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THE DYING MOTHER TO HER INFANT, by             Poet's Biography
First Line: My baby! My poor little one! Thou'rt come a winter flower
Last Line: Come, death! And make me to my child at least in spirit known.
Alternate Author Name(s): Bowles, Caroline Anne

My baby! my poor little one! thou'rt come a winter flower,
A pale and tender blossom, in a cold unkindly hour;
Thou comest like the snow-drop, and like that pretty thing,
The power that calls my bud to life will shield its blossoming.

The snow-drop hath no guardian leaves, to fold her safe and warm
Yet well she bides the bitter blast, and weathers out the storm;
I shall not long enfold thee thus -- not long, but well I know
The everlasting arms, my Babe! will never let thee go.

The snow-drop -- how it haunts me still! hangs down her fair young head;
So thine may droop in days to come, when I have long been dead.
And yet the little snow-drop's safe -- from her instruction seek;
For who would crush the motherless, the lowly, and the meek?

Yet motherless thou'lt not be long -- not long in name, my life!
Thy father soon will bring him home another, fairer, wife:
Be loving, dutiful to her -- find favour in her sight --
-- But never, O my child, forget thine own poor mother quite.

But who will speak to thee of her? -- The gravestone at her head
Will only tell the name and age and lineage of the dead:
But not a word of all the love -- the mighty love for thee
That crowded years into an hour of brief maternity.

They'll put my picture from its place to fix another's there,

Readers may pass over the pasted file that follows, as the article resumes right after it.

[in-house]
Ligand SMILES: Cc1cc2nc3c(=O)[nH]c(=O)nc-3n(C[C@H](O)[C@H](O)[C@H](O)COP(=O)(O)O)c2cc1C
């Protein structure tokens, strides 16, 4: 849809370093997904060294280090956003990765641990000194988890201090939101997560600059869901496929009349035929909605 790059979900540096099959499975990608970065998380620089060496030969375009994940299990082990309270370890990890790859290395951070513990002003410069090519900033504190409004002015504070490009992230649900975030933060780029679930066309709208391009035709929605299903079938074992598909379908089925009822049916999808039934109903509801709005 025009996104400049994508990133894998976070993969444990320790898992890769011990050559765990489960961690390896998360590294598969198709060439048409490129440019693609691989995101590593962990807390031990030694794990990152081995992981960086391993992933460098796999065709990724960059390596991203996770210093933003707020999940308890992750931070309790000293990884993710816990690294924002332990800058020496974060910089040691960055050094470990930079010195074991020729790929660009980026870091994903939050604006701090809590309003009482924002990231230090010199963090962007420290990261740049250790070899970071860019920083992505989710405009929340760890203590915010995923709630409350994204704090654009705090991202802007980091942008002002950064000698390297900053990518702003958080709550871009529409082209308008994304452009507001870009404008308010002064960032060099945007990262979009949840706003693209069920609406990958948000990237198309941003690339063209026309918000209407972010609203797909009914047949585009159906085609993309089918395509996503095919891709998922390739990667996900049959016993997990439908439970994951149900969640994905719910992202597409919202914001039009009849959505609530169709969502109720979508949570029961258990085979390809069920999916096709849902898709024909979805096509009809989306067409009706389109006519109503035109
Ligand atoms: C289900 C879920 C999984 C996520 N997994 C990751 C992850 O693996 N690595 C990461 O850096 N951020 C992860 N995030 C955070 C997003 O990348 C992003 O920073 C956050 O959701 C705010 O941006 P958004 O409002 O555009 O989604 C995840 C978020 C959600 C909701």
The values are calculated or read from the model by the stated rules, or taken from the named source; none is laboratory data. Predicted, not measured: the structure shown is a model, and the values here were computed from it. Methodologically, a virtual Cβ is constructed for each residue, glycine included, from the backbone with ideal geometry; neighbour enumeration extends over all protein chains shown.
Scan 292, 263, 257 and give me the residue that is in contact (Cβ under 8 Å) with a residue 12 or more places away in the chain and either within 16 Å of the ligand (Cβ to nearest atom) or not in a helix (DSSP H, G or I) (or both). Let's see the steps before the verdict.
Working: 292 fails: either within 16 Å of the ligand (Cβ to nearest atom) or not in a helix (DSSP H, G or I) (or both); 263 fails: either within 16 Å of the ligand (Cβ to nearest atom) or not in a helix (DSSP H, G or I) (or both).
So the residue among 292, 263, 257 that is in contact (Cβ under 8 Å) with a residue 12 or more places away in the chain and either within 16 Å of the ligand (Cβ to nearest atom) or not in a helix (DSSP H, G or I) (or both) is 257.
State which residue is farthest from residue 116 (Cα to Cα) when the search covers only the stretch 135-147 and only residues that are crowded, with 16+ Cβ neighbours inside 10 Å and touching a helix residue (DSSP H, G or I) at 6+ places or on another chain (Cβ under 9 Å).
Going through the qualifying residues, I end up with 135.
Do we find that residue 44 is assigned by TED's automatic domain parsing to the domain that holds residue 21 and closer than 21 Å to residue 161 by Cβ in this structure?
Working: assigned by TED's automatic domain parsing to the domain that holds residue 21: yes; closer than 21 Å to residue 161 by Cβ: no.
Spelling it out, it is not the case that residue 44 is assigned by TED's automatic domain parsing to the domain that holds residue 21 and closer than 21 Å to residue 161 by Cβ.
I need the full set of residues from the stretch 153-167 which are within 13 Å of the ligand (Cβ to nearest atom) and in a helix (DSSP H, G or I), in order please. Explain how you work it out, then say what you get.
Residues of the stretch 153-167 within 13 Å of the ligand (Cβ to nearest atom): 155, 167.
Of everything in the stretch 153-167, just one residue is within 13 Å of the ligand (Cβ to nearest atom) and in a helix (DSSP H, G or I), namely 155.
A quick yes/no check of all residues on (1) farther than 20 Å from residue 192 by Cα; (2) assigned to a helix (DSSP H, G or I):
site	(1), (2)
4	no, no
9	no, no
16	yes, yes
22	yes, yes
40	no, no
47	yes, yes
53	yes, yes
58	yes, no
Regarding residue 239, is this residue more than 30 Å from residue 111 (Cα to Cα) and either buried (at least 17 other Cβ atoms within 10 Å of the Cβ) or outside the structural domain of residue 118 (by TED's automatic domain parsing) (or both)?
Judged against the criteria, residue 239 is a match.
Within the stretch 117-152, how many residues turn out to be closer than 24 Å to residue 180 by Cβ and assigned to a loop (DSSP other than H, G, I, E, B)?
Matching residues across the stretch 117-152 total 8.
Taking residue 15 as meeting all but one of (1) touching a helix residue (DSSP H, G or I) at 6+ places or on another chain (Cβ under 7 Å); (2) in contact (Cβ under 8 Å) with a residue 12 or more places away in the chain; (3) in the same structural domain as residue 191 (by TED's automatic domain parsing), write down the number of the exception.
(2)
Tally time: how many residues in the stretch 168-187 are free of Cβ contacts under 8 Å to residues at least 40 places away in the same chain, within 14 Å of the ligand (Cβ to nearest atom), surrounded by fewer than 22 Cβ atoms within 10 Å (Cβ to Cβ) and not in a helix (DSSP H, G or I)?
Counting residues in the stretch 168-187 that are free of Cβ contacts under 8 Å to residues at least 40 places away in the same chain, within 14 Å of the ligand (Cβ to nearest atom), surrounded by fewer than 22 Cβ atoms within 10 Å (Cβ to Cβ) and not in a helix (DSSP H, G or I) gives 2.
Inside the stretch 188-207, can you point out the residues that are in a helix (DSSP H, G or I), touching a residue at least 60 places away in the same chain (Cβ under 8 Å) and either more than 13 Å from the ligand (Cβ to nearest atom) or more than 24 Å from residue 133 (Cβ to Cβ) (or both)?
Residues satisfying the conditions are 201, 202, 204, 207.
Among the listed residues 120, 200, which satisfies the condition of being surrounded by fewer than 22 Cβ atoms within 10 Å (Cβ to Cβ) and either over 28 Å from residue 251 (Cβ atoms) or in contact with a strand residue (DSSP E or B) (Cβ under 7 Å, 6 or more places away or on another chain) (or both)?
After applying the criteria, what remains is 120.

That picture that was thought so like, and then so passing fair!
Some chamber in thy father's house they'll let thee call thine own;
Oh! take it there to look upon, when thou art all alone --

To breathe thine early griefs unto, if such assail my child;
To turn to from less loving looks, from faces not so mild.
Alas! unconscious little one, thou'lt never know that best,
That holiest home of all the earth, a living mother's breast.

I do repent me now too late of each impatient thought,
That would not let me tarry out God's leisure as I ought:
I've been too hasty, peevish, proud: I long'd to go away;
And now I'd fain live on for thee, God will not let me stay.

Oh! when I think of what I was, and what I might have been,
A bride last year -- and now to die! -- and I am scarce nineteen;
And just, just opening in my heart a fount of love so new!
So deep! Could that have run to waste? Could that have fail'd me, too?

The bliss it would have been to see my daughter at my side!
My prime of life scarce overblown, and hers in all its pride:
To deck her with my finest things, with all I've rich and rare:
To hear it said, "How beautiful! and good as she is fair!"

And then to place the marriage-wreath upon that bright young brow, --
Oh! no -- not that -- 't is full of thorns. -- Alas! I'm wandering now.
This weak, weak head! this foolish heart! they'll cheat me to the last:
I've been a dreamer all my life, and now that life is past!

Thou'lt have thy father's eyes, my child! Oh! once how kind they were!
His long black lashes, his own smile, and just such raven hair.
But here's a mark -- Poor innocent! he'll love thee for't the less --
Like that upon thy mother's cheek, his lips were wont to press.

And yet perhaps I do him wrong: -- perhaps, when all's forgot
But our young loves, in memory's mood he'll kiss this very spot.
Oh! then, my dearest! clasp thine arms about his neck full fast;
And whisper that I bless'd him now, and loved him to the last.

I've heard that little infants converse by smiles and signs
With the guardian band of angels that round about them shines,
Unseen by grosser senses; beloved one! dost thou
Smile so upon thy heavenly friends, and commune with them now?

And hast thou not one look for me? Those little restless eyes
Are wand'ring, wand'ring everywhere, the while thy mother dies;
And yet, perhaps thou'rt seeking me, expecting me, mine own!
Come, Death! and make me to my child at least in spirit known.

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